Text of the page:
Sustainability is key in life. Well if we want to leave anything for other generations that are to follow. Especially in a wine industry as old as that of South Africa (since 1659). Sustainable wine solutions are an integral part of our history as a country and something Abraham Izak Perold helped develop and support in the early 1900s. This is therefore still a passion and forms such an important part of the character of the wine each farm produces.
At Perold Wine Cellar the story of the wine and how it is grown is an important element we’d like to share with fellow wine lovers. There are many classifications and certifications to look out for. However, as with most things in life, the proof is in the pudding. Subsequently, hearing what the farmers and winemakers do is surely the best way to learn. It is so important to look at the consequences of farming. It is not just about making better wine, but also about making wine farming better.
Certifications for Sustainable Wine Solutions
In South Africa, you will find the SWSA (Sustainable Wine South Africa). This is the alliance between the Wine and Spirit Board (WSB), the Integrated Production of Wine (IPW) scheme and Wines of South Africa (WoSA).
Internationally you might not always find a certification for sustainable wine solutions. There are other certifications that could form part of the process. However, these are often just too pricey to pursue and might not in fact be economically sustainable. Yet, as I said above. the proof lies in actual practices on the farms and not necessarily certifications.
- These certifications include:
- Organic wine – this means that no pesticides or additives were used in the production of the wine. This certification can be quite expensive and you might find that there are various farms that make use of organic farming without necessarily being certified.
- Biodynamic wine– this is a form of farming that takes the organic ethos to extend to the wider ecology on the farm. This will include practices around soil prepartation and using astrological cycles in planning. In effect a biodynamic wine would be an organic and grown through biodynamic farming.
- Natural wines – this is where the organic ethos is carried over into the cellar. This involves low intervention and would avoid practices like adding yeast or sugar and acidity rectification.
Sustainable farming and wine solutions include using fewer pesticides and chemicals. Both in the wine and in the farming. The use of chemicals increased significantly since the late 20th century and brought with it health and environmental impact. Several studies have suggested a link between pesticides, chemicals and disease. However the environment also suffered as so-called pests for the vines were being killed off, impacting the ecological balance of the surrounding environment. Sustainable solutions also look at how ‘green’ the farming practices are. How they use their surrounding.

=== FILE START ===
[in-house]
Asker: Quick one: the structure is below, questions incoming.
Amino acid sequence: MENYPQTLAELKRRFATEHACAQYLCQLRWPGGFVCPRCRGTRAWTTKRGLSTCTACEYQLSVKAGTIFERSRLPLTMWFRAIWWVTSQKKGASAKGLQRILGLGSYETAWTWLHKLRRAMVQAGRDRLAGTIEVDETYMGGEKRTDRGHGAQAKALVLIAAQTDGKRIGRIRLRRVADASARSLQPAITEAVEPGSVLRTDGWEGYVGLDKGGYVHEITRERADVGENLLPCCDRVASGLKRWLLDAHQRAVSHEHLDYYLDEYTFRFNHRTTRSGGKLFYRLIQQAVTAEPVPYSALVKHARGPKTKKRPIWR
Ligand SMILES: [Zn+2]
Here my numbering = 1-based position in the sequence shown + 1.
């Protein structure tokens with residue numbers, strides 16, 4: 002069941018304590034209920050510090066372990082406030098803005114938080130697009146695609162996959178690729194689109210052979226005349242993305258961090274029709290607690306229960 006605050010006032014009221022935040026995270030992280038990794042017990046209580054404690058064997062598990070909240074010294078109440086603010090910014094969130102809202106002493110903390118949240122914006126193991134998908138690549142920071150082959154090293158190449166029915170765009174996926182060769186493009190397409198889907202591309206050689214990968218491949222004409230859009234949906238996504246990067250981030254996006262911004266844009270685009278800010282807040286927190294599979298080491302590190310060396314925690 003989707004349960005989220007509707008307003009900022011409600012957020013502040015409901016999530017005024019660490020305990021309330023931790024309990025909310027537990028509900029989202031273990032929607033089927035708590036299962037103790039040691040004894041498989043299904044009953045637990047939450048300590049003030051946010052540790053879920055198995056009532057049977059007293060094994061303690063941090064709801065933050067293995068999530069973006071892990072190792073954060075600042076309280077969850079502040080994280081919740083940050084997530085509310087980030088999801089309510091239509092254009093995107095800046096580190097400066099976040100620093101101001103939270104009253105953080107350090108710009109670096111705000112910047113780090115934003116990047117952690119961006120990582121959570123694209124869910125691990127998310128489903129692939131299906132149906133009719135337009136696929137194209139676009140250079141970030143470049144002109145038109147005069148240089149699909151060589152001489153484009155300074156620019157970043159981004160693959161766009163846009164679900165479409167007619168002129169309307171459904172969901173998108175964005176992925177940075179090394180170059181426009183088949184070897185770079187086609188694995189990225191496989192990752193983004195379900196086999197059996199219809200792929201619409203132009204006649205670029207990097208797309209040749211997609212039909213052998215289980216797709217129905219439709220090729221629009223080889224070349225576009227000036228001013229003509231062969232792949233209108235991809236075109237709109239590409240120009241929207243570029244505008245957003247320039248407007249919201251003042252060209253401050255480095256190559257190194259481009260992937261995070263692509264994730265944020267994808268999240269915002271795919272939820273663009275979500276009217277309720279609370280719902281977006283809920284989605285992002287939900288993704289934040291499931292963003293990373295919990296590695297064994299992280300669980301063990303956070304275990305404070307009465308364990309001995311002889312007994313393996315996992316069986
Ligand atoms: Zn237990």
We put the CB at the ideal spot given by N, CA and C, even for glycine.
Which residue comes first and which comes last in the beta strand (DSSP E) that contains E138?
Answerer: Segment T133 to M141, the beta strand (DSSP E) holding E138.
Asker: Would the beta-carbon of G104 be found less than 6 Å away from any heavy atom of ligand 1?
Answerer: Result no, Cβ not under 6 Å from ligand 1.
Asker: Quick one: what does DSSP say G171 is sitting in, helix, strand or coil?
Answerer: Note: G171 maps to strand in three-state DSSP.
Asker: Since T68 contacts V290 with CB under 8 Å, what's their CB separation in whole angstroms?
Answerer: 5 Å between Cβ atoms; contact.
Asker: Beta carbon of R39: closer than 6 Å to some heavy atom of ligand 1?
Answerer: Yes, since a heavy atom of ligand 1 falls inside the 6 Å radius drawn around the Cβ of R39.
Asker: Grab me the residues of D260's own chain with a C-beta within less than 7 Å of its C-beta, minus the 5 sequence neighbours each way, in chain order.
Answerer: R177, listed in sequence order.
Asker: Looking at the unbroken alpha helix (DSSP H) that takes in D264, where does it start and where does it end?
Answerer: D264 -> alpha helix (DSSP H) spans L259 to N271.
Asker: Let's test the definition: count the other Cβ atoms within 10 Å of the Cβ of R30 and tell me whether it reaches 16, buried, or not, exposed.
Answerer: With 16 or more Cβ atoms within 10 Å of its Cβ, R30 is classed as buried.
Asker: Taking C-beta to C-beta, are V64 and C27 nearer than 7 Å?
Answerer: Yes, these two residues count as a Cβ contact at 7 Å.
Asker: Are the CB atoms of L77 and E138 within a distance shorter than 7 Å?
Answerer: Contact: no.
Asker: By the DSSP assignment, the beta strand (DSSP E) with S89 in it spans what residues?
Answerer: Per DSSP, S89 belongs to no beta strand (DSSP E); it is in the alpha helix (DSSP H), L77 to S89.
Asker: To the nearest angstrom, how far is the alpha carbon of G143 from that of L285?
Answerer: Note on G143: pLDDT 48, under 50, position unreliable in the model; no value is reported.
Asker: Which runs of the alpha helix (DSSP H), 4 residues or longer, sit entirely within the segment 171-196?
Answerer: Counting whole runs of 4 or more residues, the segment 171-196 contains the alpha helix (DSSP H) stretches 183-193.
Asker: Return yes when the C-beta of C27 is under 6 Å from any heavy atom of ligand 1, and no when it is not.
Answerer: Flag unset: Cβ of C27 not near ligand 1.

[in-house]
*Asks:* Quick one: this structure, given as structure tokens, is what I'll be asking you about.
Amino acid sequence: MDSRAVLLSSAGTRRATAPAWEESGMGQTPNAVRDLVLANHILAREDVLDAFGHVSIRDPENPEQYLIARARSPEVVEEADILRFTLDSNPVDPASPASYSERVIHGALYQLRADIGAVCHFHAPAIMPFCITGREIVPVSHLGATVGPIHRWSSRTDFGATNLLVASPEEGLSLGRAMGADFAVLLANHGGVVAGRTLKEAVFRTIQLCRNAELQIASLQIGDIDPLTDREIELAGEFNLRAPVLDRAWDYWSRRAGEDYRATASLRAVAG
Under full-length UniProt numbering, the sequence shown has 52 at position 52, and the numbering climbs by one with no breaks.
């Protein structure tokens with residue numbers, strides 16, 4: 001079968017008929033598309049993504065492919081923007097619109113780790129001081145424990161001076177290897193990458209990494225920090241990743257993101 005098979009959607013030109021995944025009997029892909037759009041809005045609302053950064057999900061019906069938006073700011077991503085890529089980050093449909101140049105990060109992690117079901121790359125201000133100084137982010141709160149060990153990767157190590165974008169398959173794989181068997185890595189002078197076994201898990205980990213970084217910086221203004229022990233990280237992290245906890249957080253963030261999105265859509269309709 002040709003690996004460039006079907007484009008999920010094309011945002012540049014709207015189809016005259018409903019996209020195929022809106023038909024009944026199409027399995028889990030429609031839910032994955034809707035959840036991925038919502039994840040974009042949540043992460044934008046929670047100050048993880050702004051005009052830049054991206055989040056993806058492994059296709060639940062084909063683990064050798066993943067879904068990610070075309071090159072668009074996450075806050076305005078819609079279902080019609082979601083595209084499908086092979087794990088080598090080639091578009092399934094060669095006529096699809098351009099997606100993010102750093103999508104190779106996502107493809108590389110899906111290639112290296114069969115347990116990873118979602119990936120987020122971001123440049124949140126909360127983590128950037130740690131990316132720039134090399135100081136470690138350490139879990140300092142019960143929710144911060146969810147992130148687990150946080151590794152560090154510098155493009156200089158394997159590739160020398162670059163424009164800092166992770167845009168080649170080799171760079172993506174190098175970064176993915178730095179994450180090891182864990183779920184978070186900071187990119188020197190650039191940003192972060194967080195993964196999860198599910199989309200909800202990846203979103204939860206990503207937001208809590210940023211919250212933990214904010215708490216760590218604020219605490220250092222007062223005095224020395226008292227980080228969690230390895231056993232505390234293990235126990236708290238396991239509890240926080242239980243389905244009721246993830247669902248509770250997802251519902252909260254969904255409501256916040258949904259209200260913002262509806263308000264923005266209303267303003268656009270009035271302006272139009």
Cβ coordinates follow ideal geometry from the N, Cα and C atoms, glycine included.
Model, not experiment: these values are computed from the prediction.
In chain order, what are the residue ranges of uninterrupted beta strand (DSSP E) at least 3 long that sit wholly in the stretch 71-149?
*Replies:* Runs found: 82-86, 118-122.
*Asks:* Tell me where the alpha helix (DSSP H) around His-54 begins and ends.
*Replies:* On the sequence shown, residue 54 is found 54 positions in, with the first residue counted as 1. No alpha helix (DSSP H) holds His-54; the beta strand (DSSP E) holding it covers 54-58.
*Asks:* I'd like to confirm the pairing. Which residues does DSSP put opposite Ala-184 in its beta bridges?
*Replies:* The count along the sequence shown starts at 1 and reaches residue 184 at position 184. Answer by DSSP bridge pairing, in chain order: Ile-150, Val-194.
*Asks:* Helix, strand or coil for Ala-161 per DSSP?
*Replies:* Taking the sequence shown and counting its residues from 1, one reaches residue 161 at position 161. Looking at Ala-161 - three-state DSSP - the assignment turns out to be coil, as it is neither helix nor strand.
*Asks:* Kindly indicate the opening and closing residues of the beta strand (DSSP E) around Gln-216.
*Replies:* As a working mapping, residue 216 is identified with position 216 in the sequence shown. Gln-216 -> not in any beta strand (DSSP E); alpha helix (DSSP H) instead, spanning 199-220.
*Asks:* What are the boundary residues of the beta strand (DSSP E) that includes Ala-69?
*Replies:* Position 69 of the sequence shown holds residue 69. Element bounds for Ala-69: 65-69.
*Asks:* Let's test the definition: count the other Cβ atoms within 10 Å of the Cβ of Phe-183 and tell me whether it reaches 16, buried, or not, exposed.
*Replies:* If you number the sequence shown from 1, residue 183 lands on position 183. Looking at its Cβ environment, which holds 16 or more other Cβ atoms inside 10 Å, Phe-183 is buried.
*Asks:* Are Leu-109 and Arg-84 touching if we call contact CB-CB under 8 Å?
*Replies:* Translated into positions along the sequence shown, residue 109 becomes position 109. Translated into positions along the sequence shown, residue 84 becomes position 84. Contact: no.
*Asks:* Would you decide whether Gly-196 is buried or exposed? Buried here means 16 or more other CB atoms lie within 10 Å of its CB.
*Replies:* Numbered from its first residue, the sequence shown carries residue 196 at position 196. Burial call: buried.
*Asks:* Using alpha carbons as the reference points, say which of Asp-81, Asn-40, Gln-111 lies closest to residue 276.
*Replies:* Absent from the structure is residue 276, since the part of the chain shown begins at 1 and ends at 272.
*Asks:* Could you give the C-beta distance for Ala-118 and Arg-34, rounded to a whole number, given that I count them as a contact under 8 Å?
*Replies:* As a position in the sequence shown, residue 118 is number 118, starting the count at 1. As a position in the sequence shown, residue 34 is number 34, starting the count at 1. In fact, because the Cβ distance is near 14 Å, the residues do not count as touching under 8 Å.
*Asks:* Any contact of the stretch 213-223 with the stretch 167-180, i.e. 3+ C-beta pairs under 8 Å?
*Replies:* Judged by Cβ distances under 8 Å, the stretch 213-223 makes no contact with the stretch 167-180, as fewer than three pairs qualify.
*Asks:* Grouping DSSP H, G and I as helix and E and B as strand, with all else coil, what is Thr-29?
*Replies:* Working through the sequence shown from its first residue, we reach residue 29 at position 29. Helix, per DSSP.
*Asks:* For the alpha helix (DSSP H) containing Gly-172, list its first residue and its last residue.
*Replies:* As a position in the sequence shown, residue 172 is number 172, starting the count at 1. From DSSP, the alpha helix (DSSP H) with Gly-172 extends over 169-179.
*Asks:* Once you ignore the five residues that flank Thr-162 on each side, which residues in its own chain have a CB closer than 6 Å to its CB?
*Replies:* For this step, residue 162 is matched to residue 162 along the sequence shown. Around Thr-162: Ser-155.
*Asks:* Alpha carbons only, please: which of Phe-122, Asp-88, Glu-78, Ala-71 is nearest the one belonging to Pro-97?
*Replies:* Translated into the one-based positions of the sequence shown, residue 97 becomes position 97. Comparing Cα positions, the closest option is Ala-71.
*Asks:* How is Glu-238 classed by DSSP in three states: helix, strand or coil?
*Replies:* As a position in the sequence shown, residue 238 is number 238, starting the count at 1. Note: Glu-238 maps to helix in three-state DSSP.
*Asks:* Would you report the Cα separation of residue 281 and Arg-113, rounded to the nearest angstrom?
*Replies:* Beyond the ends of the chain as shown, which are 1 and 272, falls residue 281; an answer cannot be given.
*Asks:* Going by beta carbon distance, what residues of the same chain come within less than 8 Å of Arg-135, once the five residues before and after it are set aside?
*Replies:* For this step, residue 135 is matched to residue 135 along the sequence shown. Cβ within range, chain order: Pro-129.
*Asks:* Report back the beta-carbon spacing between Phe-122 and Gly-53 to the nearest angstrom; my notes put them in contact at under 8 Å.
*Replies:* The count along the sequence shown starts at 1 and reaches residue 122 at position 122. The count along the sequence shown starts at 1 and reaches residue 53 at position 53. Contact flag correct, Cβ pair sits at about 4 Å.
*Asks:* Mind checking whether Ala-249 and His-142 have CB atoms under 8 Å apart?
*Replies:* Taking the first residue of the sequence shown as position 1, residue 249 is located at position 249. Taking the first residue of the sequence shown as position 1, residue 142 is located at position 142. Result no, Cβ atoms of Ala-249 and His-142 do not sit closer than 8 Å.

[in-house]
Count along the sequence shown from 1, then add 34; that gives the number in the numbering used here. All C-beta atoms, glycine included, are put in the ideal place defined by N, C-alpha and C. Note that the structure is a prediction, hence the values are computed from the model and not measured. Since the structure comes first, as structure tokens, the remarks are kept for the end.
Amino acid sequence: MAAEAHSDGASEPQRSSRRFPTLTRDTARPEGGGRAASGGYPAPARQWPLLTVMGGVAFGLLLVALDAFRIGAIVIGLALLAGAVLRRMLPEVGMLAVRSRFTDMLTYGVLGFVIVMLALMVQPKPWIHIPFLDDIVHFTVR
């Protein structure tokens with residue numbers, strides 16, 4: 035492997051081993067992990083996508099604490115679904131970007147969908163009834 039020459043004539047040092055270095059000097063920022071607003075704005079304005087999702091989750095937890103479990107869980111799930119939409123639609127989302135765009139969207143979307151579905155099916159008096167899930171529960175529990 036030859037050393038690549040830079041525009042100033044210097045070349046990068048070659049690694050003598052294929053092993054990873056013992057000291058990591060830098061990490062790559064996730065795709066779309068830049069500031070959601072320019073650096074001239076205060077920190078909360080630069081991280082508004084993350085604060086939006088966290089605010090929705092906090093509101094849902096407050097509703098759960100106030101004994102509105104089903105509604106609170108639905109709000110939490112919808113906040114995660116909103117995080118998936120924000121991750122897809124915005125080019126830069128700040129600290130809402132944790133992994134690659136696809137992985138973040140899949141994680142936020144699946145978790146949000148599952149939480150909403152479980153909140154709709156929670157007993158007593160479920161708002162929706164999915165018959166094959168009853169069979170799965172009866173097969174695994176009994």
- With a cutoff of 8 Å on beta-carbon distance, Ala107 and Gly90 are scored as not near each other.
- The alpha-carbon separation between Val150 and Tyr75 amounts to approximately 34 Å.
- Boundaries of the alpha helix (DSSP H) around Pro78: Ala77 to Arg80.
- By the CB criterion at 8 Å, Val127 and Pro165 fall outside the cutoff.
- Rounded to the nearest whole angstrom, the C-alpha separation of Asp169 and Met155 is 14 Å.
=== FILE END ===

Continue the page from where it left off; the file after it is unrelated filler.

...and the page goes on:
Examples of Sustainable Wine Farms We Support
We recently got to chat with Robert Rosenbach from Tanagra Wines as part of a Time to Wine Down event. He explained some of the things they do to make a minimal impact on the environment. For example, they use the manure from the nearby donkey sanctuary to fertilize the vines. They also use a neighbour’s sheep to come and help keep things under control. Other aspects like partner planting and natural fermentation are key to sustainability. They have also joined the WWF’s (World Wide Fund for Nature) sustainable agriculture recently and do amazing work around protecting animals on farms.
Another one of our ecologically wise and animal-friendly winemakers is Jeremy Borg from Painted Wolf Wines. They are dedicated to the production of authentic, distinct and delicious wines and to the conservation of African wild dogs and their natural habitat. In fact, they have donated over R3 million (around £150 000) to this wonderful cause since 2008. They also support the Tusk through their conservation efforts. Painted Wolf Wines donate 5% of their UK profits to Tusk.
Mischa Estate Wine does its part and respects the environment as much as it can.
“By stimulating biodiversity and implementing the best vineyard practices, we create conditions that reduce the need for disease and pest control. To add to our respect for the environment we are constantly improving soil health using:
• Diverse, natural cover crops in the vineyards,
• Alternative, environmentally friendly weed control methods.”
It is also important to note that sustainable wine solutions have an economic element. It would not be sustainable if it cost an arm and a leg. Therefore sustainability refers to ecological, economic and of course socially responsible aspects.
Our part in sustainable wine farming
All the wines we stock use respectful and sustainable agriculture practices. We would love to share their stories with you. Therefore make sure to join our email list to stay up to date with our events, wine tastings and talks. The South African wine industry is currently the 9th largest wine-producing market globally (in 2019). Let us do all we can to support this wonderful industry that provides so much to their surrounding communities.
Sometimes it’s as easy as taking the time to learn more about the farm, the grapes and the values of the wine farm. We’d love to help you do this.